If you’re busy enforcing all of these rules, you might forget to look at any disruptive things in the background. At first it doesn’t seem so important. After all, it’s all in the subject. But over time, those less important background elements become more disturbing, especially if they catch your eye at some point.

When you have chosen a subject, you know what to photograph. Stop paying too much attention to it, but see what’s behind it. The examples I gave show a bush or tree in the background that is partially blocked by the subject. You can avoid this by changing your position.

Go left or go right. Perhaps a small step back with a longer focal length to compensate for the relative size of the subject. Or you can change the height for another perspective. Just make sure that nothing in the background is spoiling your publication.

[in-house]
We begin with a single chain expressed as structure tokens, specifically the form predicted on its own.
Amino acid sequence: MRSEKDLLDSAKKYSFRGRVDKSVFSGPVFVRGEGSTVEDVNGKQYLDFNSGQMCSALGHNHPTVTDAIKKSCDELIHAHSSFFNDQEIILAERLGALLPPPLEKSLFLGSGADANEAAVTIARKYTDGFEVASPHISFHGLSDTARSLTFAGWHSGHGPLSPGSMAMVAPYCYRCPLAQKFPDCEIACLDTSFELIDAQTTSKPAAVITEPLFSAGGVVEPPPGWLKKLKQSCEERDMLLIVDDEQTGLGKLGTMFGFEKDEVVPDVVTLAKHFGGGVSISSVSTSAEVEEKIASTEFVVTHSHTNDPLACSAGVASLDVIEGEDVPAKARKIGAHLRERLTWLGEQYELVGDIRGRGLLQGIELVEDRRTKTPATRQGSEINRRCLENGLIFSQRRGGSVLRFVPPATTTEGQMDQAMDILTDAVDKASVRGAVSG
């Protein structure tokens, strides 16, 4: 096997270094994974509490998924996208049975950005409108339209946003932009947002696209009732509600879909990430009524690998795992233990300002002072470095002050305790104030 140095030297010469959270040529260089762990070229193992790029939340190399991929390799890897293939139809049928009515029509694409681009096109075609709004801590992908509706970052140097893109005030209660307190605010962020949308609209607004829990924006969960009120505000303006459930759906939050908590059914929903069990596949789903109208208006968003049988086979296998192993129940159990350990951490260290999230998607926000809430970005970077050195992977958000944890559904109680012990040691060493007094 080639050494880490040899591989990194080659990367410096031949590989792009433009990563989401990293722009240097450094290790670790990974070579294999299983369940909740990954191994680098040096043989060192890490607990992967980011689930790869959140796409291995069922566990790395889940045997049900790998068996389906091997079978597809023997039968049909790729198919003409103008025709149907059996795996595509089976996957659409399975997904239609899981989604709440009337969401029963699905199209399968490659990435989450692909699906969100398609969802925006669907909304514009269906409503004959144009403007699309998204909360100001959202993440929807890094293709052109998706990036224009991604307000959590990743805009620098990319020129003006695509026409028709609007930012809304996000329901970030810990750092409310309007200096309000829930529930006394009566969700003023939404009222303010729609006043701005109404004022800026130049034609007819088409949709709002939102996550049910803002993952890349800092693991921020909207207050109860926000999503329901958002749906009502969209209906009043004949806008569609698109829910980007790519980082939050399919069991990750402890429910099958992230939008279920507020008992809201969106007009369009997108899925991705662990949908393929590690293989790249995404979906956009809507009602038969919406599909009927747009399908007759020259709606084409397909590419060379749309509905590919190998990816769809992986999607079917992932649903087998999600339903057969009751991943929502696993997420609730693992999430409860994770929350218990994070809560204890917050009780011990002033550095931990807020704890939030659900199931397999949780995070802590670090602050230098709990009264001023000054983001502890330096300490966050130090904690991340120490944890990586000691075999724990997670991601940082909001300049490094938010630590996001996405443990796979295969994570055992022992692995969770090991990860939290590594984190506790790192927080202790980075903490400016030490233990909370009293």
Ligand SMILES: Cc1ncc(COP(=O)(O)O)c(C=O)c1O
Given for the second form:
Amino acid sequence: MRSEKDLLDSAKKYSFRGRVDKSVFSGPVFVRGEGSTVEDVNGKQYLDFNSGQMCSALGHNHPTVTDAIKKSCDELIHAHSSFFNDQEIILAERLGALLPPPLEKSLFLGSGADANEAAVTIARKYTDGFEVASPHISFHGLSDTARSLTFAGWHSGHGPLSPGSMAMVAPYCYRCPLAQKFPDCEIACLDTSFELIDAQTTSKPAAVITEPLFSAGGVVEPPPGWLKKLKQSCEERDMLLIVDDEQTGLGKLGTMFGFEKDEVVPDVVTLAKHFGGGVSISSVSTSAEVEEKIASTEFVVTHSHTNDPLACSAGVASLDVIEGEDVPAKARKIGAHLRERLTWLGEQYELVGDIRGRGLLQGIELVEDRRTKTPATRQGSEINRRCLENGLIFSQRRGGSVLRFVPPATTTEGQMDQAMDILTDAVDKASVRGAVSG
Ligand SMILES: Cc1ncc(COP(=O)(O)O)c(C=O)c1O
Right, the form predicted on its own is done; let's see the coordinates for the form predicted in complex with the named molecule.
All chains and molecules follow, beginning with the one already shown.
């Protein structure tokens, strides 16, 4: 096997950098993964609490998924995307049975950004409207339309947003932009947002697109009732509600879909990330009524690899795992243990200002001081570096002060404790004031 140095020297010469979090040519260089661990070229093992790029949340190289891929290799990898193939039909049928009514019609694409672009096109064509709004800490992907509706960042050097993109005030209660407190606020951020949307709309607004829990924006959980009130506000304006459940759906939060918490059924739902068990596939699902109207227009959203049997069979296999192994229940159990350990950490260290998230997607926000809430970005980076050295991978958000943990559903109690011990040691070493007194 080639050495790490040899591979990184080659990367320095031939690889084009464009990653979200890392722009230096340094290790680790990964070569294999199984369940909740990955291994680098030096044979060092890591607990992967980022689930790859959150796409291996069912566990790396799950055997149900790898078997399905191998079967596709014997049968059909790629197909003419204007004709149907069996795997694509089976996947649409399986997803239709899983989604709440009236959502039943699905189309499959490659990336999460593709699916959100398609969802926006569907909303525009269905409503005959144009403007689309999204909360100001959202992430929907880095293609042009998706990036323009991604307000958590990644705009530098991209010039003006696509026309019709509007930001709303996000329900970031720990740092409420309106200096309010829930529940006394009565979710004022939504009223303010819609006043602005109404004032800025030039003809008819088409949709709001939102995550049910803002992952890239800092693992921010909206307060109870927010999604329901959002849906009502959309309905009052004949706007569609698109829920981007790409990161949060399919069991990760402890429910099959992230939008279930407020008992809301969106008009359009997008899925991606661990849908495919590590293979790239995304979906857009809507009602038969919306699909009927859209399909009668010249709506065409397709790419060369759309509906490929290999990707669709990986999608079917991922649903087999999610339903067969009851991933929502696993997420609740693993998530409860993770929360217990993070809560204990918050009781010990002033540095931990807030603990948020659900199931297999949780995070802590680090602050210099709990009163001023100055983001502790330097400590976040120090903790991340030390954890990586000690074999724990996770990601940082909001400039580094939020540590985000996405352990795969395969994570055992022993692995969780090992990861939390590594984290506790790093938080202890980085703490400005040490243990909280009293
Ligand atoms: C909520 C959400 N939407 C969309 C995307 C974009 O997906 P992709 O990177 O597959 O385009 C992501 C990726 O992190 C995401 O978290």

A small change in position can make a big difference

I made a small series of photos to illustrate how the position of the background elements can make or break your photo. The idea is a photo of the twin birch trees with a shallow depth of field. By using a large opening, the trees will be isolated from the background without losing the blooming heather landscape. I used an 85mm lens and an f / 1.2 aperture. The distance to the twin birches was 7 meters, according to EXIF ​​data.

The first photo was taken without paying too much attention to the surroundings. I just focused on the right focus point to make sure the twin birches were perfectly in focus. But looking at the camera screen, I first noticed that the perspective was bad. I should have had a lower vantage point to make sure the twin birches were raised higher above the horizon.